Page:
It was always overly-simplistic to refer to Egypt's uprising as a "Facebook revolution," especially considering how difficult Facebook made it for protestors to organize. Add to that the fact that the revolution's opponents are making ample use of social networking sites as well.

The Guardian today has column by the 19-year-old founder of the Facebook page "I'm sorry, Mr. President," which is being used to coordinate pro-Mubarak protests as the ex-president's fate is decided. He writes:

Facebook is not just for the revolutionaries; we're using it to gather people together, and our page "Ana aasif ya rayyis" has over 83,000 supporters. We're not against change. But it should be change with a better attitude, not chaos or division. President Mubarak fought in the [1973] October war and won us back the Sinai, we can't forget this. A lot of people love him and a lot of people want to defend him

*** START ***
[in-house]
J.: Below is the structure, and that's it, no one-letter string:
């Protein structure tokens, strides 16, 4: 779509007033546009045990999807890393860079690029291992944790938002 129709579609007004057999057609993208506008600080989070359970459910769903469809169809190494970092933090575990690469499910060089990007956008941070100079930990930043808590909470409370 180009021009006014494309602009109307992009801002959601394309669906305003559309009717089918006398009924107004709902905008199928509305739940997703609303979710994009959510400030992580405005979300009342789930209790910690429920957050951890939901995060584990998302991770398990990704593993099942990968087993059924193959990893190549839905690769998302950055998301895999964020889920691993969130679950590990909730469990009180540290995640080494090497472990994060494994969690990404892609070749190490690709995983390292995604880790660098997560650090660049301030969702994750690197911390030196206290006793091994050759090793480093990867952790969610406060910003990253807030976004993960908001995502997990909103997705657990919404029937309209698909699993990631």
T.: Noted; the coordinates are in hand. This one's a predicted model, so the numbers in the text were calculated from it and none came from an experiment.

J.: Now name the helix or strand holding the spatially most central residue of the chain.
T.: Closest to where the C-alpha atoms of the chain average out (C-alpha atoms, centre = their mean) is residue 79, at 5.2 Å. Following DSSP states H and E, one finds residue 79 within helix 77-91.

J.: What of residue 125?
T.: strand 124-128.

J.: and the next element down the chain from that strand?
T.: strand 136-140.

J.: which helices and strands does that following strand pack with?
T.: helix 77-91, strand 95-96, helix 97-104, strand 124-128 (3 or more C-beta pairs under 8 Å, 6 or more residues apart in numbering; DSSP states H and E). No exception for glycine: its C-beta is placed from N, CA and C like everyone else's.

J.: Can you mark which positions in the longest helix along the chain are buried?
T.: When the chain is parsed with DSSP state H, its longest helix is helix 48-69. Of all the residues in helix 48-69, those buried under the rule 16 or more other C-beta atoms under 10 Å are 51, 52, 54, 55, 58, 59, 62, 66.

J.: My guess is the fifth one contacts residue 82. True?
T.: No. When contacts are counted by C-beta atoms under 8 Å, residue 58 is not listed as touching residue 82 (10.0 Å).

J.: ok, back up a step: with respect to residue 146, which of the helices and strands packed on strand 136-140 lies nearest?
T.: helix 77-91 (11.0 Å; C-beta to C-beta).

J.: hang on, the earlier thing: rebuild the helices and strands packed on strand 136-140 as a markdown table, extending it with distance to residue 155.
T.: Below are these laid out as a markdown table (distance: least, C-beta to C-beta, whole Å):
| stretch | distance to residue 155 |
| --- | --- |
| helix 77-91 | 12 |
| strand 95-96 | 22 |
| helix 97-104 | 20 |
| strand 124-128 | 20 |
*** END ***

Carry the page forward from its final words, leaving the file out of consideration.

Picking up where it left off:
And on Twitter, Google executive Wael Ghonim, one of the heroes of the revolution, sparked a backlash with its own hashtag when he tweeted that revolutionaries haven't been focusing enough on the economic problems facing Egypt: #unfollowedghonimbecause. "He's a sell-out. Falling for the "economic stability" manipulative tactic!!" tweeted one user, according to helped by Obama holding him up as an example in his big Middle East speech today.)

Hey, at least it's not Syria, where the government recently unblocked Facebook with the specific goal of hacking into activist's accounts. Are we calling it the Facebook government crackdown yet?

[Image of pro-democracy Egyptian protestors via Twitter]